Is Deficit Financing Inflationary

Is Deficit Financing Inflationary:

It should now be analyzed whether deficit financing is pro-inflationary or not. It can be examined in two ways. In the first place, it is to be seen how deficit financing is pro-inflationary. In the second place, it is to be seen under what conditions deficit financing is not inflationary. Let us now examine these two aspects of this problem.

Deficit Financing is Pro-inflationary:

The effects of financing a budget deficit are seen mainly on money supply, incomes, and prices. The direct and immediate result of deficit financing, for whatever purpose it is resorted to, is an increase in the total money supply to the public. The actual expansion in monetary circulation which may result from a given amount of deficit financing will, however, depend on the behavior of various factors influencing money supply, such as the credit policy of the Central Bank, the credit and public debt policy of commercial banks, the State of the balance of payments and the activation of latent inflation, if any. Thus, increased money supply due to deficit financing may lead to different results depending upon the environment in which such a policy is pursued.

However, deficit financing is considered an inflationary method of financing investment expenditure. Since the newly created money is spent for the creation of capital goods, capital formation is a time-consuming process. During the period of capital formation purchasing power in the hand of the people increases, but the supply of consumer goods does not expand correspondingly. Hence, prices of these goods tend to rise, and if this trend is kept unchecked, inflationary pressure may spread over to other sectors of the economy.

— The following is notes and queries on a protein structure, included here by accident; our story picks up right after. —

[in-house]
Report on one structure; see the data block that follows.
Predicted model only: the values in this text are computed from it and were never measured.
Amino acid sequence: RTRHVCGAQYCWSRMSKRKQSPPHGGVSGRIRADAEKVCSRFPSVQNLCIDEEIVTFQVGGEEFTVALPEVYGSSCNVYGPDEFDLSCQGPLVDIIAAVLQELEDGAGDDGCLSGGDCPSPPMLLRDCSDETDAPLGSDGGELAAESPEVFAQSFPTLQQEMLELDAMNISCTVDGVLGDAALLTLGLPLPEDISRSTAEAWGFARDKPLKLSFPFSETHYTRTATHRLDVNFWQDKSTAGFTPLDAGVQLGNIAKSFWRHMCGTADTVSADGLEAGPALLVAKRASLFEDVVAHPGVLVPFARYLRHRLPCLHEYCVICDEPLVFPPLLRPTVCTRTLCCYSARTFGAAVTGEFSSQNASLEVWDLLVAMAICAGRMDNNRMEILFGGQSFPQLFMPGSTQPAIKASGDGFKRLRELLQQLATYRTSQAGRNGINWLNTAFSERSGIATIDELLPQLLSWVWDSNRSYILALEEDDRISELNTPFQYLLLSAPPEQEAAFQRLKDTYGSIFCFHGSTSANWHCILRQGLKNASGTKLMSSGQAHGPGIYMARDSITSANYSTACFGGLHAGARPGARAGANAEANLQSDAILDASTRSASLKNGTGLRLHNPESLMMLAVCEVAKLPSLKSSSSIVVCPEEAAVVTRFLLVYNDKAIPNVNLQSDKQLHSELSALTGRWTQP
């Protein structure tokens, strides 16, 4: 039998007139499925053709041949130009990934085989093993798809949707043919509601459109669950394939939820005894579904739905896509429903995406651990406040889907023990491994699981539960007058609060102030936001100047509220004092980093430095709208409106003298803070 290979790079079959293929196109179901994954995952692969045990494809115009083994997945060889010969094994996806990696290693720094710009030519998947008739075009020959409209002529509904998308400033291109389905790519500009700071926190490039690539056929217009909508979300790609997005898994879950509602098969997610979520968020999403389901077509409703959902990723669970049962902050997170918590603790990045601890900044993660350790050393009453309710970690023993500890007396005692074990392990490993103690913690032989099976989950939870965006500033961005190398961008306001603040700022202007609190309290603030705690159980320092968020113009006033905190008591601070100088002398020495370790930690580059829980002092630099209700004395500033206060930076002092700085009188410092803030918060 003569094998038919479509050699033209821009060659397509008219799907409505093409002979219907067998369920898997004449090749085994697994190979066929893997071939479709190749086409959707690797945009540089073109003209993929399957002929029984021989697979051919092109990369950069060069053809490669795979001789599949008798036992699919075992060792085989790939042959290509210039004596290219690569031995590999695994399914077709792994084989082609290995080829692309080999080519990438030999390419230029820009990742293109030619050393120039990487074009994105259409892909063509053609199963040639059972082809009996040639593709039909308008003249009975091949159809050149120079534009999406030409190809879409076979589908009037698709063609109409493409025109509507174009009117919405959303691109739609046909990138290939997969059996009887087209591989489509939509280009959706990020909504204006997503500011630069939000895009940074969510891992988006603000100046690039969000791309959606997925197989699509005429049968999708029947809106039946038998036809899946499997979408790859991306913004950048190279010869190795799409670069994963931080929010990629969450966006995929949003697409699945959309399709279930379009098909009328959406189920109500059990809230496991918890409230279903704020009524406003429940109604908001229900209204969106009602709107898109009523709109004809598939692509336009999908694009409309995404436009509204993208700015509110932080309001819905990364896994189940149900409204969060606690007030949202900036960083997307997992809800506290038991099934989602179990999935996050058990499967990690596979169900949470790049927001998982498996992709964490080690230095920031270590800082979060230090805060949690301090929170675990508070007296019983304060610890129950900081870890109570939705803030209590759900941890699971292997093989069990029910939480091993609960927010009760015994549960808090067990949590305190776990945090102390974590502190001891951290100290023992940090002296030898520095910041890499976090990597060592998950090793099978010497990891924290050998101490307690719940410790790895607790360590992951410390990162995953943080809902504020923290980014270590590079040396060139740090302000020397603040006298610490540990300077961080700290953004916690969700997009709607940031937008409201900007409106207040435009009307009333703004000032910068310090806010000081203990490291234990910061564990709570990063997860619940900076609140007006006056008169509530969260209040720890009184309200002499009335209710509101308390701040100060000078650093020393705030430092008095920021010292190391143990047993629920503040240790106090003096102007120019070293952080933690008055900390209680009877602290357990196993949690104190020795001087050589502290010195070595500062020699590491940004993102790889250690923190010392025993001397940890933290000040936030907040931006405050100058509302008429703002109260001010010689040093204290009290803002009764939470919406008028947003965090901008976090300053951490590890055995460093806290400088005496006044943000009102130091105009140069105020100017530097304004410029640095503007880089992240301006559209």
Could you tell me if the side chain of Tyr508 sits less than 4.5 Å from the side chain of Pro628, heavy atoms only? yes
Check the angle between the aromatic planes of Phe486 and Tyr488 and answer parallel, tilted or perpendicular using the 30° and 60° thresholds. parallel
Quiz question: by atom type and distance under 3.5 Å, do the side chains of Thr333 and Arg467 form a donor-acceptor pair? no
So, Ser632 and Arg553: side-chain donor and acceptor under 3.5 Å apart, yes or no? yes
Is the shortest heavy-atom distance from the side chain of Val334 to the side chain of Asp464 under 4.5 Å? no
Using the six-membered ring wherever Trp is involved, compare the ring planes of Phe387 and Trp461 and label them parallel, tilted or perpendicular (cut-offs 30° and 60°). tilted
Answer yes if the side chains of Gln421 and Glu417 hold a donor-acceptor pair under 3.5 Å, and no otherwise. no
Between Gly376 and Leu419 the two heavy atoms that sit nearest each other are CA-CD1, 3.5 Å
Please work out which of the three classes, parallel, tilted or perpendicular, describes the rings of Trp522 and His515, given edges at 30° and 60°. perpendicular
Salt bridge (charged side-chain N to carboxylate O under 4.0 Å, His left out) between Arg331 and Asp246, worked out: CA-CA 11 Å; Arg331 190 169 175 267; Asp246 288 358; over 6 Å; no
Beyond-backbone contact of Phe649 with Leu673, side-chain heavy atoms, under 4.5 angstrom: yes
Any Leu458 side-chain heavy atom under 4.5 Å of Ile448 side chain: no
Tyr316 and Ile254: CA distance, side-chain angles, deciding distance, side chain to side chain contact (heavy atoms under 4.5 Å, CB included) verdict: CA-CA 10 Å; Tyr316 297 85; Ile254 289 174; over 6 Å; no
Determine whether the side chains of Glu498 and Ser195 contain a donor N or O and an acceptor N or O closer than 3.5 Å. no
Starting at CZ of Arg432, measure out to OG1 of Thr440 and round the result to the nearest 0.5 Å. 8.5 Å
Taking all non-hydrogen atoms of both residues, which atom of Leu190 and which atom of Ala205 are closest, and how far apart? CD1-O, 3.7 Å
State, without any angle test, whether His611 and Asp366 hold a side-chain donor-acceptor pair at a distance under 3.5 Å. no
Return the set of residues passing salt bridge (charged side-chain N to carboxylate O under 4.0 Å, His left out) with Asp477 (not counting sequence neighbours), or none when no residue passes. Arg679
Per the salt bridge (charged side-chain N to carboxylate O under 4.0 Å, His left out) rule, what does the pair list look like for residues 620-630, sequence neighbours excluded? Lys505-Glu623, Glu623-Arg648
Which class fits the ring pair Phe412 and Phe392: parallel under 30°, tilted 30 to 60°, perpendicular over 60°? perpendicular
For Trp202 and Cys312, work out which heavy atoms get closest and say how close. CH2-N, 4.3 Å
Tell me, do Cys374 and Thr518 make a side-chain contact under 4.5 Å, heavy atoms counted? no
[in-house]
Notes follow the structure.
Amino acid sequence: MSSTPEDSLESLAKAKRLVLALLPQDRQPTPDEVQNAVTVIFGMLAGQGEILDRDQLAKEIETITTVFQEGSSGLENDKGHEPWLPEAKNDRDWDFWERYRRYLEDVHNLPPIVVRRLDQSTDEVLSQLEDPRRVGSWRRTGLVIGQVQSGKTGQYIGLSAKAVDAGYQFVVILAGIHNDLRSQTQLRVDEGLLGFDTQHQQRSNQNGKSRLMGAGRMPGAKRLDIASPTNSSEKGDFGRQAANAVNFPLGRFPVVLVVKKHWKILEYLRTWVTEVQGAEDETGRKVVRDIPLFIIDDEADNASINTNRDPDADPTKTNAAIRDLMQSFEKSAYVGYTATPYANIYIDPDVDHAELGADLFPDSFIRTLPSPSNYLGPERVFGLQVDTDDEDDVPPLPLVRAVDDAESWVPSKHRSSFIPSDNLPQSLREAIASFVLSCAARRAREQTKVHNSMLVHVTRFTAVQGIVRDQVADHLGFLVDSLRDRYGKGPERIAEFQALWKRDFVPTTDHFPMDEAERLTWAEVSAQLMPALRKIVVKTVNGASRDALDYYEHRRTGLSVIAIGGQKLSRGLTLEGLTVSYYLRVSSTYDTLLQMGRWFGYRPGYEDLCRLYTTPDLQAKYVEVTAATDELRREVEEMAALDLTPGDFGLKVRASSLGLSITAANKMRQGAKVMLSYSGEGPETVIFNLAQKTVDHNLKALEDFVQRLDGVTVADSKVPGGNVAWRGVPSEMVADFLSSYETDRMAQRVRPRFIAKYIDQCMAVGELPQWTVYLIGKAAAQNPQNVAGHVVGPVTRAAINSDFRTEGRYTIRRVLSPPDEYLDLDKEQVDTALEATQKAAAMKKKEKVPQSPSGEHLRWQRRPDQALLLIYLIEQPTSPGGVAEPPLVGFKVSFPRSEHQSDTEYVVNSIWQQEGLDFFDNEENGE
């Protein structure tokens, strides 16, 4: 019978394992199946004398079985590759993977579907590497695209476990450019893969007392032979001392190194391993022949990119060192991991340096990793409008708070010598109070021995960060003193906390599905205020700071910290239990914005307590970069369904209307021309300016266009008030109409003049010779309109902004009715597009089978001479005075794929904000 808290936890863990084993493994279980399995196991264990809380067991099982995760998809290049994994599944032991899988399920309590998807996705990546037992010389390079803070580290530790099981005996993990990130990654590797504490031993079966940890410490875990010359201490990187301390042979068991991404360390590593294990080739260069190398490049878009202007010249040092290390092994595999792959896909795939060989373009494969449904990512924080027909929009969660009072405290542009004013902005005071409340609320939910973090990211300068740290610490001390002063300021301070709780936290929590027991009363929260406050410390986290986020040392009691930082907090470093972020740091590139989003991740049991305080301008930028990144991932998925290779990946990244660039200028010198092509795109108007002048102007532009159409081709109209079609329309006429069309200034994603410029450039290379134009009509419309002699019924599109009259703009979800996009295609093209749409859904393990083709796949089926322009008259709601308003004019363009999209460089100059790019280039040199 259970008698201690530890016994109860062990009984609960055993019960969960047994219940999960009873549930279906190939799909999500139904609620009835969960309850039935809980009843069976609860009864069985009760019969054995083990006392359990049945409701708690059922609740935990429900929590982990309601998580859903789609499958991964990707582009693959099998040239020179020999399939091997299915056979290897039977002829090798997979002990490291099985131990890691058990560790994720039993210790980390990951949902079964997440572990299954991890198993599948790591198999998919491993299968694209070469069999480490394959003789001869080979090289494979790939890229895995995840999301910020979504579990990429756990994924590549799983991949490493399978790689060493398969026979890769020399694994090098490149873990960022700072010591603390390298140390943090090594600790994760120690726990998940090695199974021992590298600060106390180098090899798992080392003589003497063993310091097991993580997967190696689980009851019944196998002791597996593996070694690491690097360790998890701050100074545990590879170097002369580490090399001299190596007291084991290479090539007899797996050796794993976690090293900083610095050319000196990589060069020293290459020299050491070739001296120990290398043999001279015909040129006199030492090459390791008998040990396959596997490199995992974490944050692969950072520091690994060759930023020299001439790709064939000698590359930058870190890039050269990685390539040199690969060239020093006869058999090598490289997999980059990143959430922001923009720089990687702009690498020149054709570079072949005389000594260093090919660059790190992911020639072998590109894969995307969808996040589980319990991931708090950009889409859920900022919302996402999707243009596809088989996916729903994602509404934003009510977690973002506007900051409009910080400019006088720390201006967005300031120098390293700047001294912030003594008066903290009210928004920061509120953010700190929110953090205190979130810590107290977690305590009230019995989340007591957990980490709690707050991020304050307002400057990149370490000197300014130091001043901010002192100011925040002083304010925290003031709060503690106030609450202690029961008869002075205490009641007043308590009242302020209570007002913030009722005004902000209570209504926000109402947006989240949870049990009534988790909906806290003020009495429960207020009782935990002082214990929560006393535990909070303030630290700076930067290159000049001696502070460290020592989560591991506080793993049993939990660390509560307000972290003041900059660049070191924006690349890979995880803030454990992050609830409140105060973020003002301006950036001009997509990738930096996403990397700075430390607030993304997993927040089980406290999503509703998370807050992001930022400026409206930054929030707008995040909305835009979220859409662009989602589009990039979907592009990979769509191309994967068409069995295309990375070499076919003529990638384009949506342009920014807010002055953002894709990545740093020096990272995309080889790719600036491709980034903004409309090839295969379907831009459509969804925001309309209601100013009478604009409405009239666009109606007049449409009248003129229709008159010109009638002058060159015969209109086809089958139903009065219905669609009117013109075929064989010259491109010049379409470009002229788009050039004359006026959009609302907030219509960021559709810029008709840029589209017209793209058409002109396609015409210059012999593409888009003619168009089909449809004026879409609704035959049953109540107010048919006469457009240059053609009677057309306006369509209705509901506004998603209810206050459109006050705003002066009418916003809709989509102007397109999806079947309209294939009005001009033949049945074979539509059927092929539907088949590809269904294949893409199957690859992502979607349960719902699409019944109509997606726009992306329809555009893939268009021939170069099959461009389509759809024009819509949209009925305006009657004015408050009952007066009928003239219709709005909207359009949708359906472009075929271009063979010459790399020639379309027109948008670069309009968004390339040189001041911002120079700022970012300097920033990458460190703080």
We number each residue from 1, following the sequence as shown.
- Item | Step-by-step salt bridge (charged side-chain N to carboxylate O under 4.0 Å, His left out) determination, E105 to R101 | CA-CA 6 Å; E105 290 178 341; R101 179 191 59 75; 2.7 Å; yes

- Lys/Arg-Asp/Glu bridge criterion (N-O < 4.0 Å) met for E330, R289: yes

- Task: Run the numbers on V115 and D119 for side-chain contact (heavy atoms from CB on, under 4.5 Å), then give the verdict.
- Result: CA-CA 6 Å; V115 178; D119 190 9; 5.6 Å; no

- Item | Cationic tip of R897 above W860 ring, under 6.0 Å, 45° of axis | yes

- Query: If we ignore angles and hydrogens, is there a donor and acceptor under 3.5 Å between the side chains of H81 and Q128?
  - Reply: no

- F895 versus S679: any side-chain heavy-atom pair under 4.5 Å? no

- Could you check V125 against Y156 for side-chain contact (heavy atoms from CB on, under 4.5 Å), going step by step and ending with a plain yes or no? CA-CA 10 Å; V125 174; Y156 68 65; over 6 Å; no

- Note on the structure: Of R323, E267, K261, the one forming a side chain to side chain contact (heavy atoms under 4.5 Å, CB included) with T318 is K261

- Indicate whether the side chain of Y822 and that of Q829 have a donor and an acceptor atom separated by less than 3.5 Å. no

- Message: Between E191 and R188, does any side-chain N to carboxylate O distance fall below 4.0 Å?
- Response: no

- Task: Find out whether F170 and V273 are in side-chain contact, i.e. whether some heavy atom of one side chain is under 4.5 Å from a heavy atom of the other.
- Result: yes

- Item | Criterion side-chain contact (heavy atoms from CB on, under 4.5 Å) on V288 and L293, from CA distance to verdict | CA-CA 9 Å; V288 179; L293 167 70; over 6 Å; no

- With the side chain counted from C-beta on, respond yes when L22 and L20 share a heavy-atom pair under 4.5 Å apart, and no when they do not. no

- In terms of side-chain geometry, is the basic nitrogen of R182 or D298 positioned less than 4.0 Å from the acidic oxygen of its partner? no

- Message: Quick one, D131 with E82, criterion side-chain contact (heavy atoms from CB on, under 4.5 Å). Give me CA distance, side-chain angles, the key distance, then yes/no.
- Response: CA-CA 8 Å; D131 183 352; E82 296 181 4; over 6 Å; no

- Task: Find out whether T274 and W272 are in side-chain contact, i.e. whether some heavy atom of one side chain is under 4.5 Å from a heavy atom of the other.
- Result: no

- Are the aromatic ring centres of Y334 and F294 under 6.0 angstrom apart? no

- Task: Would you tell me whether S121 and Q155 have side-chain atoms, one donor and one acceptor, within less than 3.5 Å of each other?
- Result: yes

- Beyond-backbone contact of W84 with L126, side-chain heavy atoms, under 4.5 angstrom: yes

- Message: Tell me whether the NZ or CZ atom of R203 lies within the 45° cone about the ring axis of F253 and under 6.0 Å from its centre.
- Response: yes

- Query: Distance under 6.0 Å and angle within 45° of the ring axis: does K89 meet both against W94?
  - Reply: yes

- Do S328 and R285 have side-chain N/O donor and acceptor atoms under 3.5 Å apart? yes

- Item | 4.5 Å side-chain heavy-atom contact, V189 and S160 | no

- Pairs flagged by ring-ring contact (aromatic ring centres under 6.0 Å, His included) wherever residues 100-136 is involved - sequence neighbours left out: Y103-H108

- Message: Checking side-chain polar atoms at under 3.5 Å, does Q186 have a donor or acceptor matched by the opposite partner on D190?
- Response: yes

Besides, capital accumulation through deficit financing may also generate inflation, because in under-developed economies the propensity to consume is high, there are many market imperfections, there is little excess capacity in plant and equipment, and the elasticities of food supply are low. Hence with the increase in money supply, the increase in consumer goods does not take place correspondingly, and, therefore, the prices of these goods tend to rise.